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Reelection Is Not Inevitable
Obama does not have a lock on the Electoral College.

Electoral College map, 2008 presidential election

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Michael Barone

Just as the political air is filled with talk of the inevitability of Barack Obama’s reelection — we are told that the kids at his Chicago headquarters are brimming with confidence — in come some poll numbers showing him behind.

Not by anything statistically significant, mind you. But when you get the Gallup and Rasmussen tracking polls and the Politico/George Washington University Battleground poll all showing Mitt Romney leading Obama by one point, an Obama victory seems far from inevitable.

These results came in at a time when the Real Clear Politics average of recent polls shows 50 percent expressing favorable feelings about Obama and only 37 percent saying the same about Romney.

Some analysts still claim Obama has a lock on the Electoral College. They look at his 365–173 margin in the Electoral College in 2008 and argue that Romney will have trouble peeling enough states away.

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The reapportionment of House seats following the 2010 census has whittled Obama’s 2008 margin down to 359–179, and Obama does not own all those electoral votes. No one expects him to carry Indiana again. In “swing states,” he must win in a political climate where voters know much more about him than last time.

In 2008, Obama won 53 percent of the vote, the highest percentage for any Democratic nominee in history except Andrew Jackson, Franklin Roosevelt, and Lyndon Johnson. Now he’s averaging 46 percent in recent polls.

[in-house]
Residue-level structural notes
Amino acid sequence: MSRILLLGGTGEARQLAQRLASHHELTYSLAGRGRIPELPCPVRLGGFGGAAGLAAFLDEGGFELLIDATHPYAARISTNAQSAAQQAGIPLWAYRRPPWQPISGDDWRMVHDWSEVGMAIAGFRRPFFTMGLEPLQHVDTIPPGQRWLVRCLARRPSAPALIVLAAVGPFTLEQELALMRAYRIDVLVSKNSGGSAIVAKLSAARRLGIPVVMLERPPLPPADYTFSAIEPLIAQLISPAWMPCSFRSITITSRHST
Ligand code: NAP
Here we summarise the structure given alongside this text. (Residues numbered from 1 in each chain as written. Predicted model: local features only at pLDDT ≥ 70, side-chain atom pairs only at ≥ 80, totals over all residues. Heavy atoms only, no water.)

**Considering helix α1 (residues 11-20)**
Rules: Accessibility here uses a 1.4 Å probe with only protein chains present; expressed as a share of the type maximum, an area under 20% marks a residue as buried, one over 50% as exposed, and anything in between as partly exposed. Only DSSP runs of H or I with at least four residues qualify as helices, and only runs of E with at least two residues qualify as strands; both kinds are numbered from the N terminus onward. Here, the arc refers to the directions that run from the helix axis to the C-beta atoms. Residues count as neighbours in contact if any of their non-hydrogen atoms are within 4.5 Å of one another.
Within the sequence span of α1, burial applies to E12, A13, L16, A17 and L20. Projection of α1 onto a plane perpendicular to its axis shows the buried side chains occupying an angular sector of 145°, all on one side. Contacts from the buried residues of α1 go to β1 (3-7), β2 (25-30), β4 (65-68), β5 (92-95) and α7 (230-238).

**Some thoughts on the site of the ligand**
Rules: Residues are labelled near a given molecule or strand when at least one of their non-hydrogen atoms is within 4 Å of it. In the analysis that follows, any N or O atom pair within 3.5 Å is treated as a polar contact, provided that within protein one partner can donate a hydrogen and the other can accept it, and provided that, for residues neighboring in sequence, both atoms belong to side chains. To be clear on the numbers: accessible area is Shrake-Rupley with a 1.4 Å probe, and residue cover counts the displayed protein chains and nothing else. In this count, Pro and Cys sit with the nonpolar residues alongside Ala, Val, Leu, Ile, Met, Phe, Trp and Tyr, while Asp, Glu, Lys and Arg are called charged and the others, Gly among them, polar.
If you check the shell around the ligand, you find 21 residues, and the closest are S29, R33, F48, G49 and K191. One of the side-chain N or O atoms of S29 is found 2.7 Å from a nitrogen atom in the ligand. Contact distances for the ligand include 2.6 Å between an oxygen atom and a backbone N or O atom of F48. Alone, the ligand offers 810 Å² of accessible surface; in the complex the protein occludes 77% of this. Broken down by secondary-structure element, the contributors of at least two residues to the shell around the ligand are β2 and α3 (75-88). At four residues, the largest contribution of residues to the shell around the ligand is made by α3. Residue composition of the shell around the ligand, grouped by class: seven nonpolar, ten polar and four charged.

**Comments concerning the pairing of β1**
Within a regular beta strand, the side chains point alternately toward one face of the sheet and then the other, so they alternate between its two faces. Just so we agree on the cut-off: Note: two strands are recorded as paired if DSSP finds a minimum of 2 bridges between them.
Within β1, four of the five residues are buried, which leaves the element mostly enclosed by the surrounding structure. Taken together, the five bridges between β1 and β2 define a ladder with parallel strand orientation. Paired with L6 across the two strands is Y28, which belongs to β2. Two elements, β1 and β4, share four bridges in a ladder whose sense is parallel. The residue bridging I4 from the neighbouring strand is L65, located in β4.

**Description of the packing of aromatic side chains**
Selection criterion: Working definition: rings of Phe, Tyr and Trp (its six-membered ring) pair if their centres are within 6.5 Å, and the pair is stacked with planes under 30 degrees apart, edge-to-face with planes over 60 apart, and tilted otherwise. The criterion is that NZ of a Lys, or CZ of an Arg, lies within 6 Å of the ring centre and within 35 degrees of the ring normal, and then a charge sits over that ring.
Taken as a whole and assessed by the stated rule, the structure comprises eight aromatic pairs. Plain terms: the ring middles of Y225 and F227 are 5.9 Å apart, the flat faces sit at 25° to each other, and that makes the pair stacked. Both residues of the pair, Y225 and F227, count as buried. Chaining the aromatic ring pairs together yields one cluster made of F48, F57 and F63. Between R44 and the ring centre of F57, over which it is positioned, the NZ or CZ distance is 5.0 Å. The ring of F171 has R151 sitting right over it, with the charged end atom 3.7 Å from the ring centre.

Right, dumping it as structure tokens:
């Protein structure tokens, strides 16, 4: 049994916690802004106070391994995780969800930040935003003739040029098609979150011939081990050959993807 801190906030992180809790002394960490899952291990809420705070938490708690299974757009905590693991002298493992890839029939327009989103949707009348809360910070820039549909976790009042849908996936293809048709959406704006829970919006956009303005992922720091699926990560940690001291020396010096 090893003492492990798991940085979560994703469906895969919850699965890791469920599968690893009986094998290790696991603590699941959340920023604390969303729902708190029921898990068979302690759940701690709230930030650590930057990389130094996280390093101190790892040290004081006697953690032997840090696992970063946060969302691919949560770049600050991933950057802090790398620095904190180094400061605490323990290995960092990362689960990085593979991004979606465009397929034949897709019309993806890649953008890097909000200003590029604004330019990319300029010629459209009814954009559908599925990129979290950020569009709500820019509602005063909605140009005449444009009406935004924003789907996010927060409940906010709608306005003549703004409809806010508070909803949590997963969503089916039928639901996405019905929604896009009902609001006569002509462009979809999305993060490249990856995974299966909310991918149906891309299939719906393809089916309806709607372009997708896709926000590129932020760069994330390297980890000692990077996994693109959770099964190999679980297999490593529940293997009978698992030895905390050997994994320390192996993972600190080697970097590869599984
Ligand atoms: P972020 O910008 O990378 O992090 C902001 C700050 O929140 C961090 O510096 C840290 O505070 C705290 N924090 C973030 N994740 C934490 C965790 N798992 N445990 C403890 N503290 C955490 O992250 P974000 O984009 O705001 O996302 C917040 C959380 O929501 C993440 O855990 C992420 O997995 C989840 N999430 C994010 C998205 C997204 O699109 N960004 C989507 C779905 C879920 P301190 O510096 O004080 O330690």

That’s much closer to the 45 percent that Democratic candidates won in elections to the House in 2010. And in the last three presidential elections, the winning candidate has won the same percentage (or within 1 percent) as his party’s percentage in House elections two years before.

Obama had a popular-vote margin of 7 percent in 2008. But Republicans had a margin of 7 percent in the popular vote for the House in 2010. If you tote up the electoral votes in the states they carried, you find them with a 351–184 edge over Democrats (the remaining three in the District of Columbia are obviously Democratic).

When you look at target states, you see the same picture. Take Gallup’s twelve swing states, which in the organization’s most recent survey together favored Obama over Romney by 47 to 45 percent. That’s a lot less than the 53 to 45 percent by which he carried them four years ago.

In recent state-by-state polling, Obama leads in all twelve but averages more than 50 percent only in New Mexico and Wisconsin. And in all twelve he’s polling less than the percentage he won in 2008.



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